Pfizer'svaccine appears to be in slightly less short supply than originally thought.
Hospitals around the U.S. this week got their first vials of the vaccine, which was jointly developed by pharmaceutical giant Pfizer and Germany's BioNTech and is the first to be approved by the U.S. Food and Drug Administration. Many hospitals have quickly discovered that the vials they were told contained a maximum of five doses actually contain six or in some cases even seven doses.
"What we have learned from our colleagues around the state and country is that if you follow the manufacturer's directions very specifically, you actually end up with six full doses in each vial," Dr. Brook Watts, chief quality officer MetroHealth Hospital in Cleveland told CBS News' Errol Barnett. "It's a miracle."
Kevin Fearon, chief operating officer of Absolute Pharmacy, told CBS MoneyWatch that it is not unusual for vaccine manufacturers to include some overfill with the doses. "It happens with the flu vaccine all the time," he said. "The public may be surprised by this, but it is common practice."
Although vaccine experts and pharmacists say that such "overfill" is common, not every manufacturer tends to supply it. Some medical pros said they were surprised Pfizer didn't specify in advance there would be extra doses of its COVID-19 vaccine.
Dr. Shoshana Ungerleider, an internal medicine physician at California Pacific Medical Center, said she and her staff were initially confused by the additional supply. "But the FDA has said that given the public health emergency that we're in, it is acceptable to use every last bit left over in each vial," Ungerleider said. "The only thing that's really important, though, is if people are able to get a first dose that there is enough vaccine so that they have a second shot waiting for them when they return in a few weeks."
The potential problem, Fearon explained, is that some portion of a vaccine can stick to the walls of the barrel of a syringe. And different syringe barrels create more waste than others.
The federal government'sdoes send syringes and other supplies that hospitals and pharmacies need to prepare and administer the vaccines. But the program procured its supplies from various manufacturers, so not all of the syringes included in the packets are the same.
"I have heard from other hospitals that there is overfill but it is not consistent," Fearon said. "Sometimes there is an extra dose, sometimes there is more than that."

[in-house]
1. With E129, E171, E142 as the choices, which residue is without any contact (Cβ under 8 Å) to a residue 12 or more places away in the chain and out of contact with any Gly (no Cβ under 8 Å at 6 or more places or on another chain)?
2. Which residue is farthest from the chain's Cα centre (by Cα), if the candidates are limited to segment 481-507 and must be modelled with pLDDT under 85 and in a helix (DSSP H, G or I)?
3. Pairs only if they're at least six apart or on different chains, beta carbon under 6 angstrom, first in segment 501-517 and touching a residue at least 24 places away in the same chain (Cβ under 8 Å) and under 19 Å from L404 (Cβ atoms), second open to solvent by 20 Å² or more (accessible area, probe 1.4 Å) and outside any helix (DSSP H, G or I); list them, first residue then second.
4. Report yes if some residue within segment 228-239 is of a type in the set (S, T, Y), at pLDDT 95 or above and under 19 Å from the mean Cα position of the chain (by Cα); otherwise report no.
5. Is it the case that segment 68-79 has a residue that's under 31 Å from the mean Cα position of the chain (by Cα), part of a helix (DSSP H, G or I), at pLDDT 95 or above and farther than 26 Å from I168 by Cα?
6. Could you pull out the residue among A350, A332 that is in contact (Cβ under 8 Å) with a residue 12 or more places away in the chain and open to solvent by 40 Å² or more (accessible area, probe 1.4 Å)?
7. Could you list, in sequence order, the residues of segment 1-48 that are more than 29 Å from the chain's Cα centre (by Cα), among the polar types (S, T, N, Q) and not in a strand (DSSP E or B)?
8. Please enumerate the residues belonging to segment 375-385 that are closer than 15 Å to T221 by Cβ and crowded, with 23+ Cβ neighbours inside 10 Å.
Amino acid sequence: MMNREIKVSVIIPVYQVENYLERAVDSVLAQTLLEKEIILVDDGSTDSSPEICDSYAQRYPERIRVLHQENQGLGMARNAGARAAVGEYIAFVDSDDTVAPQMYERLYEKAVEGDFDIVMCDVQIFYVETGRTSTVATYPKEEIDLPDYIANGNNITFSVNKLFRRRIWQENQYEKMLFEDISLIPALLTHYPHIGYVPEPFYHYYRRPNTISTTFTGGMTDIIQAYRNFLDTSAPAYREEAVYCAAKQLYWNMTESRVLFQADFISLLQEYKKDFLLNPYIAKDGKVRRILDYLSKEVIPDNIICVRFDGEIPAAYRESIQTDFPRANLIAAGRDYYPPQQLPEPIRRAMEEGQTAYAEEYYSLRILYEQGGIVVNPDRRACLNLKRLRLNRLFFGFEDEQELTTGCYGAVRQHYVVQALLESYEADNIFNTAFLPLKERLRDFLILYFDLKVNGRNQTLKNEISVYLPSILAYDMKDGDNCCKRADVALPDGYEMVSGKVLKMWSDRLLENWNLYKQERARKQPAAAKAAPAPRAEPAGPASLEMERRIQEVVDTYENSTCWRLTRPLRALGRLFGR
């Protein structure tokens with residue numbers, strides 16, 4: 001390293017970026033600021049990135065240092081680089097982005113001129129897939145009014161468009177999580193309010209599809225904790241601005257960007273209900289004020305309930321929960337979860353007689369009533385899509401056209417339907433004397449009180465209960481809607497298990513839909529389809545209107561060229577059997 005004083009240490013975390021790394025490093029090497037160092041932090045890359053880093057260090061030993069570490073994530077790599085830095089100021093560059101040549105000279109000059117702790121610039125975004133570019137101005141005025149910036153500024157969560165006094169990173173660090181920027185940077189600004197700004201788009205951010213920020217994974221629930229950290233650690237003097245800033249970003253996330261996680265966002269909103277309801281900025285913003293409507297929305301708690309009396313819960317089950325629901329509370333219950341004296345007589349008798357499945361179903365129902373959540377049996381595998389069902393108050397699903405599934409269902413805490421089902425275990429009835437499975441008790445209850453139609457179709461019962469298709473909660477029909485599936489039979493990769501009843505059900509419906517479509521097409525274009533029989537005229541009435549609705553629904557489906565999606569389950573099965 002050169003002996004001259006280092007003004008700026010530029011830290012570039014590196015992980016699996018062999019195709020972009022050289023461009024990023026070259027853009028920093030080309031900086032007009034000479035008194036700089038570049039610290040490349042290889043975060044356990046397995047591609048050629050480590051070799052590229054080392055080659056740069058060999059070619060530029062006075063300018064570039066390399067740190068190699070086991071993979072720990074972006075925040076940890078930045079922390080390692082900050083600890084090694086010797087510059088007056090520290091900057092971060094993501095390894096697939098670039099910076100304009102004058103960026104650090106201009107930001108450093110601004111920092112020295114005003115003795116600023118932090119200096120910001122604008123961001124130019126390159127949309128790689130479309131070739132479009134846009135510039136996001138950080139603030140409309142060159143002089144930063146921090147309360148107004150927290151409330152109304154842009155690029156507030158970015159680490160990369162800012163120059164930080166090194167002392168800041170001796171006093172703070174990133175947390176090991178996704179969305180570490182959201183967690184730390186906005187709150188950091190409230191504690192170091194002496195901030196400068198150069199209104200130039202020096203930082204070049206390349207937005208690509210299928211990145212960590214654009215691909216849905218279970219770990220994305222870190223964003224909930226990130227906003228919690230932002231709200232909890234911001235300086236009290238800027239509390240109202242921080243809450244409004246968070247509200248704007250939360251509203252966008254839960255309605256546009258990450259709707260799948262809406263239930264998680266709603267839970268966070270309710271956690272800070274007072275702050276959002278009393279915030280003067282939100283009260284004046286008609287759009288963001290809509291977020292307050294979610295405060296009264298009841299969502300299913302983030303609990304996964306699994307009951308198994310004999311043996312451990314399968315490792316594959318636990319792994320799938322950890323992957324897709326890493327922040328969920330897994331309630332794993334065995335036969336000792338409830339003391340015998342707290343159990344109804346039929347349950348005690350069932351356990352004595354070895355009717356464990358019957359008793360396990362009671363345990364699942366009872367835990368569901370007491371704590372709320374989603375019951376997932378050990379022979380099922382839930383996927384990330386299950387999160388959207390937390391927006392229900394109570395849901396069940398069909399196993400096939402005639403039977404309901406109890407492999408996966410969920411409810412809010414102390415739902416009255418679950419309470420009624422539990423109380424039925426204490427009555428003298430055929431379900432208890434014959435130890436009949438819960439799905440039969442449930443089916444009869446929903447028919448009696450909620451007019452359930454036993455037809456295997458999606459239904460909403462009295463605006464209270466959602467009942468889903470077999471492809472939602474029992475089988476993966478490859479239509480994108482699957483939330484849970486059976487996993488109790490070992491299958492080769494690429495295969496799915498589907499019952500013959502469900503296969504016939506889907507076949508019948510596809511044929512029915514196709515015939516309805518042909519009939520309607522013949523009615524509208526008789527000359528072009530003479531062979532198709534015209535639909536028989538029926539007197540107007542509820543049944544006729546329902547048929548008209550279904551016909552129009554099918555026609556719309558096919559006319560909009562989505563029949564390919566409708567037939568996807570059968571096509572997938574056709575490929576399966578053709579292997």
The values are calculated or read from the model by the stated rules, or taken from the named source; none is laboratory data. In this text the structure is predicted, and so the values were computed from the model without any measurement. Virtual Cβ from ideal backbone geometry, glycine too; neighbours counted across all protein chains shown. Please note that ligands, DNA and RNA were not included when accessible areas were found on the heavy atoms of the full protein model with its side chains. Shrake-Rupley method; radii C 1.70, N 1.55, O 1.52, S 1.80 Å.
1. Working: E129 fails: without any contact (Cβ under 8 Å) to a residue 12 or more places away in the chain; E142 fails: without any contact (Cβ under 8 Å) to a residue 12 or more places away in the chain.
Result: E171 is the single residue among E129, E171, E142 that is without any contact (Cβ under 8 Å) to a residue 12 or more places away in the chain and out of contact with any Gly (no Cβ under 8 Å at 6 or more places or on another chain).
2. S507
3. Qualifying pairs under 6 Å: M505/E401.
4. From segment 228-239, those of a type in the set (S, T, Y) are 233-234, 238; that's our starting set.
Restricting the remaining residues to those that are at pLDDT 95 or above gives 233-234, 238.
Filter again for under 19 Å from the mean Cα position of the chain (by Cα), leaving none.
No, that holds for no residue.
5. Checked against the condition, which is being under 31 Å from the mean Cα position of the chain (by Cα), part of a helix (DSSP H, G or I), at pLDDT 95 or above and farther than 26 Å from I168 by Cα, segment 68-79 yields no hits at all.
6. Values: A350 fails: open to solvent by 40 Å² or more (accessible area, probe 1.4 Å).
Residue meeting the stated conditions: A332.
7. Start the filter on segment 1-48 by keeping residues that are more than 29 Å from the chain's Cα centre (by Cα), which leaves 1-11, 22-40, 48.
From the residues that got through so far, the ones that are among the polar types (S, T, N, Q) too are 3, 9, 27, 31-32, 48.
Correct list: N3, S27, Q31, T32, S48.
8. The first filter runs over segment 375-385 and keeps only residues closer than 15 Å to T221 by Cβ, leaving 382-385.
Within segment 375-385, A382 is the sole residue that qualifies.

What's more, the government only included five extra syringes for every shipment of 100 doses. Hospital administrators say that for now they have the extra syringes on hand; but if most vials contain six doses instead of five, they may quickly run out of syringes.
"The general sense is that, wow, this is great," said Azra Behlim, who is in charge of the pharmacy operations at Vizient, a purchasing manager for hospitals. "But if we are going to be able to get this out, there is going to have to be an amping up of the supplies on hand."
As of now, the FDA and Pfizer are giving slightly different guidance. Pfizer in a statement said it was not providing advice on what hospital managers should do with the extra doses. But it recommended against mixing excess doses from two vials, meaning if there was not enough extra dose in one vial, then the remaining should be thrown away.
"The amount of vaccine remaining in the multidose vial after removal of five doses can vary, depending on the type of needles and syringes used," Pfizer said. "Vaccinators need to consult their institution's policies for the use of multidose vials."
Conversely, the FDA is telling hospitals to go ahead and use the extra doses if they have them.
Pfizer declined to answer additional questions from CBS MoneyWatch about why there is excess vaccine and why their guidance differs from the FDA's advice.
Fearon said his pharmacy, which specializes in long-term care facilities, got its first doses on Thursday morning. It will begin administering them in nursing homes on Friday. He didn't know if his team will have extra doses on hand, but if they do he is planning to use them.
"It means we will be able to stretch the supply further," Fearon said. "It's not going to lead to waste."
Errol Barnett contributed to this report.